So the result is that we’ve had proposals come in late in the game that are crowd-pleasing but either ineffective or ill thought out, and that works to the industry’s benefit (they can beat them back, and the existence of a flawed proposal that is taking up legislative and press bandwidth makes it harder for other, better conceived measures to move forward).
One example of the ineffective sort is the so-called Volcker rule, to require depositaries to exit the proprietary trading business. On paper, this is a good idea, but the initial Volcker definition was to distinguish trades executed with end customer versus those that were not, which is not a helpful distinction (bond king Salomon Brothers did a tremendous amount of speculation in its regular trading books, long before there were separate prop desks). Although the language is still in play, banking expert Josh Rosner has said, via e-mail, “the Volker rule has holes large enough to drive 4 Mack Trucks through, side by side.”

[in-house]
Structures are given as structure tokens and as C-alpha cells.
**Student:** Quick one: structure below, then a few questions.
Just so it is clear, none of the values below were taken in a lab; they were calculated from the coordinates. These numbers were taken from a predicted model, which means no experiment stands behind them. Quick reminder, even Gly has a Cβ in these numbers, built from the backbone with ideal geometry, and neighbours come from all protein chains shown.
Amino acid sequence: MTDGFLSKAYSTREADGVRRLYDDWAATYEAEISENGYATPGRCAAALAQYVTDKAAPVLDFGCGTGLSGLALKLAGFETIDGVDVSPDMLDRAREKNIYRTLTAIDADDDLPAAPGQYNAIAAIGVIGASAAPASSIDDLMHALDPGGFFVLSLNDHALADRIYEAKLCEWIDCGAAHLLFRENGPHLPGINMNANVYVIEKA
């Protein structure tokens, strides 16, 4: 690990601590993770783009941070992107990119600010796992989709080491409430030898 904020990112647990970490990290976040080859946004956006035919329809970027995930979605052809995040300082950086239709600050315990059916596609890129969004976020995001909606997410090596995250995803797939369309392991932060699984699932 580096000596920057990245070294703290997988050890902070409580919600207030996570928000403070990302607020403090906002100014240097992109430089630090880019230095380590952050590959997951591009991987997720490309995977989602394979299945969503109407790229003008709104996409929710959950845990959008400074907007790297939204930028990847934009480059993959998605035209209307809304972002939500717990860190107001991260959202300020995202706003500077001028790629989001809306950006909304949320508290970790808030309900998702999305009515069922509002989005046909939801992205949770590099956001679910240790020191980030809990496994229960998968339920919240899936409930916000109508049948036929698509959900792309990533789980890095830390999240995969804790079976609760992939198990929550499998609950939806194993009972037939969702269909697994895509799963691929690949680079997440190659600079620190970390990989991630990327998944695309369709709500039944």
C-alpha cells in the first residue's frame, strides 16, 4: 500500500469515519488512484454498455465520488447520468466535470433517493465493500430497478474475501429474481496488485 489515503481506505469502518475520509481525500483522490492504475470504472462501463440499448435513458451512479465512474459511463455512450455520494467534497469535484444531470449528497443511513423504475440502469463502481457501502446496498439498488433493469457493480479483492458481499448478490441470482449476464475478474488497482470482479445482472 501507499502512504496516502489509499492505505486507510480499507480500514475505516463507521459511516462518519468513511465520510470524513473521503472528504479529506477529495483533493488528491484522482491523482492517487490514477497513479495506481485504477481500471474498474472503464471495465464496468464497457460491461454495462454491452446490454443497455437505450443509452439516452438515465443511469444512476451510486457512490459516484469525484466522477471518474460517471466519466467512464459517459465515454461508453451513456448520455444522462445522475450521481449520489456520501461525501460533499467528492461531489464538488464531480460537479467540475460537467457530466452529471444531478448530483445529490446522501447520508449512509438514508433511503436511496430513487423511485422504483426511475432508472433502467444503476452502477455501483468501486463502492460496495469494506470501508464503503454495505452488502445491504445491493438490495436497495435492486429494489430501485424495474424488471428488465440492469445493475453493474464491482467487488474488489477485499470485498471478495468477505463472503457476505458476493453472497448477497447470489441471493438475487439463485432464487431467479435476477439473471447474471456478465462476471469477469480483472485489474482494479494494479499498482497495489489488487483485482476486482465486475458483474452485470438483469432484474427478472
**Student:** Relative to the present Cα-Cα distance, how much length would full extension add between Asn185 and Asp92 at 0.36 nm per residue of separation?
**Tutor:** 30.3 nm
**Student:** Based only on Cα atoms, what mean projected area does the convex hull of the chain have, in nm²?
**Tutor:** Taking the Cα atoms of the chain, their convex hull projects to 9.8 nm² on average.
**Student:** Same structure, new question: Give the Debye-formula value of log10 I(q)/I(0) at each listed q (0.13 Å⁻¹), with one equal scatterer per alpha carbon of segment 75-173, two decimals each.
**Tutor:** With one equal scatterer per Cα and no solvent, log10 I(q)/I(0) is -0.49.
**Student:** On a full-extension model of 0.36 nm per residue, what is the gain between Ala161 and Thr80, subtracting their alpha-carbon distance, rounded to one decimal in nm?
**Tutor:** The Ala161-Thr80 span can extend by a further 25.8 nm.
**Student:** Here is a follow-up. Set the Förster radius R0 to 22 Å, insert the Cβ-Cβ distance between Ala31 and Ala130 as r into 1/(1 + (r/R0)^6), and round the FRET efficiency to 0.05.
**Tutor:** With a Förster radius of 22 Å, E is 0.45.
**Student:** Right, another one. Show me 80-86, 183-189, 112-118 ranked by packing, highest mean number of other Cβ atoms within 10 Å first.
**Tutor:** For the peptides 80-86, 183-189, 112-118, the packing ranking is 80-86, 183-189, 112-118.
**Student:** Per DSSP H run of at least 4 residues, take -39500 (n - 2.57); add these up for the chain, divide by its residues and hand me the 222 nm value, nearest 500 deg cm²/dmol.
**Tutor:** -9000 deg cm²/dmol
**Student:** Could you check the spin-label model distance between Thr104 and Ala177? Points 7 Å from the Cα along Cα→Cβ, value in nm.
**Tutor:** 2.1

By contrast, Blanche Lincoln’s proposal, to force banks to get out of the derivatives business (and the climbdown, to have those businesses separately capitalized), is misguided. The problem here is she and the media have fallen for a master stroke by the industry, that of lumping in credit default swaps with “derivatives”. CDS are highly problematic; they have almost no legitimate uses and come with considerable costs (hugely bad incentives). Moreover, the plans underway will not tame them much. They cannot be margined adequately on a contract by contract basis (any sufficient provision for jump to default risk would render the contract uneconomic and kill the product, which is an unacceptable outcome, so it will continue to be inadequately margined). The best remedy would be to regulate it like insurance (which is what it is) but no one is willing to change directions now.
Plain vanilla swaps, like simple interest rate and foreign exchange swaps are not problematic and customer pricing is pretty transparent. And the banks themselves use these products in large volumes to hedge their own exposures. The flaw in the Lincoln plan is that any derivative business running on an independently financed balance sheet would be unlikely to be large enough to handle the hedging needs of the banks themselves.
Via e-mail, Josh Rosner supplied a much better idea for how to handle banks’ derivatives books: